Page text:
All I want for Christmas is a cybersecurity coordinator.
No, not really. (I'd rather have a PS3).
See, now that we're about to turn the page on 2009, and almost seven months have passed since President Obama declared cyberspace a strategic national asset and promised to put someone in charge of cybersecurity, we still don't have anyone on the job. And I don't care anymore. I don't care if Howard Schmidt gets the job -- again. I don't care if it's Paul Kurtz, Bruce Schneier or some obscure senator from Montana.
See, I don't care.
It's evident that these were hollow words from the president's mouth. It's evident the country's cybersecurity capabilities are best left to individual agencies and providers of critical infrastructure in the private sector. It's evident we don't need another bureaucrat telling us to update our antivirus and install a personal firewall on our PCs.
Give Melissa Hathaway her due; she knew when to get out of Dodge. Long thought to be a front-runner for the job, Hathaway bolted fast and furious in August. Hathaway, who oversaw the Cyberspace Policy Review, served as acting senior director for cyberspace for the Bush administration and once worked for the Director of National Intelligence, said she was dissatisfied with the process and timetable for hiring a coordinator. Chances are, the rest of the truth lies elsewhere: Like in the fact that it's just too big of a job for one person and one office. The turf battles aren't worth the rise in systolic blood pressure. And chances are, the coordinator position requires lots of hours testifying in front of senators and representatives who don't know their AV from their USB.
We should have sniffed out that this was doomed from the start. The Obama administration came out of the gates flying, promising to make cybersecurity a priority. Obama ordered Hathaway's 60-day review of federal policies and on May 29 when he announced the creation of the cybersecurity coordinator position, he said: "From now on, the networks and computers we depend on every day will be treated as they should be -- as a strategic national asset. Protecting this infrastructure will be a national security priority."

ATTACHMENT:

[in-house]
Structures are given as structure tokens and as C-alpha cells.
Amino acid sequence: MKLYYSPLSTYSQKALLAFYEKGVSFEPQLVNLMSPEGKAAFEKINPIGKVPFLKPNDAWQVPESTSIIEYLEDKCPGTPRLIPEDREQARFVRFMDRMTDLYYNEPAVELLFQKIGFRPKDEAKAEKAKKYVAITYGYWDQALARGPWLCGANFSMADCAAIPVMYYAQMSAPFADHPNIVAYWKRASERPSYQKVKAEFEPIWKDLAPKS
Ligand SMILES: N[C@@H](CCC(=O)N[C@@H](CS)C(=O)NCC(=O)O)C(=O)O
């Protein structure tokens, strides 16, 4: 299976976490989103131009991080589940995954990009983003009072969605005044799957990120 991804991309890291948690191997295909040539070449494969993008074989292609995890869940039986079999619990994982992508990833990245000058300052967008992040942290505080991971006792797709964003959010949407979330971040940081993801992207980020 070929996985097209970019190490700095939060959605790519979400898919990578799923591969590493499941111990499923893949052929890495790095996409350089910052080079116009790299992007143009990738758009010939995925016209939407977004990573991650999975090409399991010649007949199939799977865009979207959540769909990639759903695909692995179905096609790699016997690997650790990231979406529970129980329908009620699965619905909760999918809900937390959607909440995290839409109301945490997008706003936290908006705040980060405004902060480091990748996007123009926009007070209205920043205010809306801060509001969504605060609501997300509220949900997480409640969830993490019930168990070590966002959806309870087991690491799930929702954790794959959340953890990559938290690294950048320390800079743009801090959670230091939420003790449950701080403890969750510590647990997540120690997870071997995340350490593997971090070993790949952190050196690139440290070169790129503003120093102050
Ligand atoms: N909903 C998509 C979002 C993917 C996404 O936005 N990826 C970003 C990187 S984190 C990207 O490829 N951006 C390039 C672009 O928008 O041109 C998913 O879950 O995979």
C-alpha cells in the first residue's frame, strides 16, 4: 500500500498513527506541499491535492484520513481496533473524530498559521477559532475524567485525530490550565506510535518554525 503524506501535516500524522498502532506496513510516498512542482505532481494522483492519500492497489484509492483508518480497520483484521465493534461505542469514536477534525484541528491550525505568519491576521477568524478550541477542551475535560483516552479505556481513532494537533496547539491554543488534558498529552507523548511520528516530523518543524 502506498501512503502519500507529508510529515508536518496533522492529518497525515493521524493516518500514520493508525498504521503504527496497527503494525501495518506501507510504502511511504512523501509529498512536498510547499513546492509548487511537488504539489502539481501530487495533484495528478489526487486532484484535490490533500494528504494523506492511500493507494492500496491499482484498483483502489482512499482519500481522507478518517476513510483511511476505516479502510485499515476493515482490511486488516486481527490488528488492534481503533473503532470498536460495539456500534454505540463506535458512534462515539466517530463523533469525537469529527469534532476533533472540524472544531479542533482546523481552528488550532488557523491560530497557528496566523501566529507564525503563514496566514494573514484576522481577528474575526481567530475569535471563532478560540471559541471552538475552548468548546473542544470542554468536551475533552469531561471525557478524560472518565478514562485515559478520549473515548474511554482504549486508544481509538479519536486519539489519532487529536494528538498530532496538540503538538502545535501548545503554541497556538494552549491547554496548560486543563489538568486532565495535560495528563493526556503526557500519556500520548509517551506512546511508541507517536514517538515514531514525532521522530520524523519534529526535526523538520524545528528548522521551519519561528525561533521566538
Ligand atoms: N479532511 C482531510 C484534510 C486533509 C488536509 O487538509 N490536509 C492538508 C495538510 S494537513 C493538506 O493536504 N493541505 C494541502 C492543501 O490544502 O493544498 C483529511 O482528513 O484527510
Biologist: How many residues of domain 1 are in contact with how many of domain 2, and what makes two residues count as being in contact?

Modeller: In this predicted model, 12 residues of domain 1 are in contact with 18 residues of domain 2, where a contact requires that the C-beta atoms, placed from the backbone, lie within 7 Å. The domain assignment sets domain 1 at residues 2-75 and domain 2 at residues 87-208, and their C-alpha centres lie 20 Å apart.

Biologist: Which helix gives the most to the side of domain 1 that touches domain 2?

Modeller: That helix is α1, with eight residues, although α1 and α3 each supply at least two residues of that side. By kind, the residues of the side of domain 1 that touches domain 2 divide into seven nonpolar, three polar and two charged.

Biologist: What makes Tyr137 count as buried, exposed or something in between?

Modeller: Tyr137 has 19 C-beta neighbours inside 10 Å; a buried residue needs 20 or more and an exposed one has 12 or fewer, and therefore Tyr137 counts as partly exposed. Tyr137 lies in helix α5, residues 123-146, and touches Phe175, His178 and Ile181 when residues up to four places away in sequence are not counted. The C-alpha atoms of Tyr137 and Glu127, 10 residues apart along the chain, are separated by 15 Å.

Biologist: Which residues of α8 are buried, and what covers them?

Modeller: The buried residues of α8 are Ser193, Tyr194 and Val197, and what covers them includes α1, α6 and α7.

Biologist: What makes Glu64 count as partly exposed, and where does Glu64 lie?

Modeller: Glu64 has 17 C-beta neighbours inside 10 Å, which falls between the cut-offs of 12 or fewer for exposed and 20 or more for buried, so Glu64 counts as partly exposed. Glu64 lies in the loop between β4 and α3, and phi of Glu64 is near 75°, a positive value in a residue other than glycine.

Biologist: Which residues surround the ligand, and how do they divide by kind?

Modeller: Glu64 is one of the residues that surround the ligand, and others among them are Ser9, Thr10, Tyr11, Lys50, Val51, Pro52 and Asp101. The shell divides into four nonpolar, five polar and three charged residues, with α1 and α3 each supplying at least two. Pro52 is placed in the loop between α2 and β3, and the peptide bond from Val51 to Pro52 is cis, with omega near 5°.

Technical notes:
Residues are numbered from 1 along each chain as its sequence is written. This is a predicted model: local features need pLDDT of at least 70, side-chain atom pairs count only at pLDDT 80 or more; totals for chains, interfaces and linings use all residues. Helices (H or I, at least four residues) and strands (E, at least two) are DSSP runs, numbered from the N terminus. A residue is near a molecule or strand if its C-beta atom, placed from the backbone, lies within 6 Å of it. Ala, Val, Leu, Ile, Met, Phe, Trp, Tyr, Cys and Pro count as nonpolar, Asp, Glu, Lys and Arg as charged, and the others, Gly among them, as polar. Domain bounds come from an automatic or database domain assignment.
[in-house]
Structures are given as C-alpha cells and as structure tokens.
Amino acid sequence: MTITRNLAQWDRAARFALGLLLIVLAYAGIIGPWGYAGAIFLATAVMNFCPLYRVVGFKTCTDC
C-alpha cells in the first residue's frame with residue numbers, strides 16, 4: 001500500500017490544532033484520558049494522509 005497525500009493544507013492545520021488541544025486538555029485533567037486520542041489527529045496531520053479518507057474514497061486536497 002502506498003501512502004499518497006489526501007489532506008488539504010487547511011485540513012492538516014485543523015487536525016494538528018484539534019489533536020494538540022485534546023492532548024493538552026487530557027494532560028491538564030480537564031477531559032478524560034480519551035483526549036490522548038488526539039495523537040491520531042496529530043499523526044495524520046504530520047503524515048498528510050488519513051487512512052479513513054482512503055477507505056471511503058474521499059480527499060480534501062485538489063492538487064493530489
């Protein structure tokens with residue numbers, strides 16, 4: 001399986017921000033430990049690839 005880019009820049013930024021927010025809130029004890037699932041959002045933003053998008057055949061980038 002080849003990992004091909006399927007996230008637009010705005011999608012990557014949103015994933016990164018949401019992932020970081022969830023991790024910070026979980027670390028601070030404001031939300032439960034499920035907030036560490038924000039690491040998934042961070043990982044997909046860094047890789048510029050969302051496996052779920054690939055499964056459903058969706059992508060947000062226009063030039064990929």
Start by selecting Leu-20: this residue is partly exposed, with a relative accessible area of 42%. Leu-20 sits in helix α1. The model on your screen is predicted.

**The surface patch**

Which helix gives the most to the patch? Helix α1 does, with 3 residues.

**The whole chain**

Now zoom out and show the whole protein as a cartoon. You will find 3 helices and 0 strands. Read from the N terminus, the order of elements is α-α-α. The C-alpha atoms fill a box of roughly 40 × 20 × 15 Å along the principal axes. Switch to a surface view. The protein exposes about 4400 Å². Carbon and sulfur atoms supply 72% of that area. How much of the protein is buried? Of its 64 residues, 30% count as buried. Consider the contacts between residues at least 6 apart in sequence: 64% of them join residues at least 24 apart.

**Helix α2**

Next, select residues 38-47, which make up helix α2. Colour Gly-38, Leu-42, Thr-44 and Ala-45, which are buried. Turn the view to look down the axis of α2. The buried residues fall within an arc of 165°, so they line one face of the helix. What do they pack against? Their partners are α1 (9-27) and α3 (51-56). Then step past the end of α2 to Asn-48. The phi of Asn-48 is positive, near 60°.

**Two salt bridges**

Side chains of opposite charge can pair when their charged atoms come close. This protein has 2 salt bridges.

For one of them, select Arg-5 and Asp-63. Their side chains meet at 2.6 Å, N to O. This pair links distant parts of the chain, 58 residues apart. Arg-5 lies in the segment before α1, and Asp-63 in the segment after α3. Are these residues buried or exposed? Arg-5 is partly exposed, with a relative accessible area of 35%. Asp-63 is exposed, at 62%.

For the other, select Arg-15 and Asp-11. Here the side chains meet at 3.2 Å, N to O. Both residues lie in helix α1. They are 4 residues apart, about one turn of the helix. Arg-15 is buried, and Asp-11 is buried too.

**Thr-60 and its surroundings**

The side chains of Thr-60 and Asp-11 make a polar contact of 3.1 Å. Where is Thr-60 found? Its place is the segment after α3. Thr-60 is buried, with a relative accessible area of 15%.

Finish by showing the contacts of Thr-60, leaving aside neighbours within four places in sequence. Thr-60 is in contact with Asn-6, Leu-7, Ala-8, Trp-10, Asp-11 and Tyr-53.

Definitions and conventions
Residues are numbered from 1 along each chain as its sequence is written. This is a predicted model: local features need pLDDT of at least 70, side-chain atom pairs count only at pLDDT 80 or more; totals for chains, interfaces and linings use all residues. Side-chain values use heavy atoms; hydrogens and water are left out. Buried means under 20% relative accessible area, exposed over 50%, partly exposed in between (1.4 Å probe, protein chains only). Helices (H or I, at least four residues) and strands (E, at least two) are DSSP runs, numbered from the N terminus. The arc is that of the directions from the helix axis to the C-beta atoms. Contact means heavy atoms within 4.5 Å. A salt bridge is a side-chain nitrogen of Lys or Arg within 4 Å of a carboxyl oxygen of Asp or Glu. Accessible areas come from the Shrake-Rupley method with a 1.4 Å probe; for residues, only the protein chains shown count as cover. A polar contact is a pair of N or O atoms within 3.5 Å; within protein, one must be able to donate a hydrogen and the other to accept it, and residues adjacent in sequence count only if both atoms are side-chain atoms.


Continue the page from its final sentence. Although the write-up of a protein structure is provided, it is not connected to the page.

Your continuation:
Big and promising words. But when you create a position that from the start must serve two masters -- the coordinator would report to both the National Security Council and the National Economic Council -- you immediately drive candidates away and lessen the potential good the job can do.
And you have what we have today: an empty seat that ultimately will be filled by an empty suit.
Some day, we'll get a coordinator. And they will be a politician with little power and even less budgetary authority. We'll get someone who knows their way around Capitol Hill, someone the Congress will grant hearings to.
What we won't get is one person who will get the government to clean its own house. We won't get one person who will dictate policy or budget -- or even coordinate.
And that's what we need. Obama got it right when he decided to create a "coordinator" position. We need a person who can aggressively accelerate understanding of the situation. We need a high-ranking advisor who is given some authority to influence and spend and can align agencies strategically.
When you consider the delay, the sad and frustrating part is that the problem is understood. Does government need further study on how interconnected we are? Does government still fail to understand how dependent our economy, critical services and even national security is on the well being of networked computers? Do we need another Page 1 Wall Street Journal story on more top-secret Air Force fighter jet plans whisked away through some proxy server in China? Even 60 Minutes' two FUD-filled reports on cybersecurity this year (the Symantec infomercial on Conficker and the most recent look at the state of critical infrastructure) brought some kind of awareness to the mainstream.
And still nothing. And very few seem to care anymore.
What started out on May 29 with such promise has been deflated with each passing week that the cybersecurity coordinator's position sits vacant. The perception is that cybersecurity is less of a priority, and the information security industry, for one, is let down.
People want to care -- and should care. Sad part is that too much time has gone and people are prioritizing other things -- such as a new PS3.
Michael S. Mimoso is Editor of Information Security. Send comments on this column to email@example.com.
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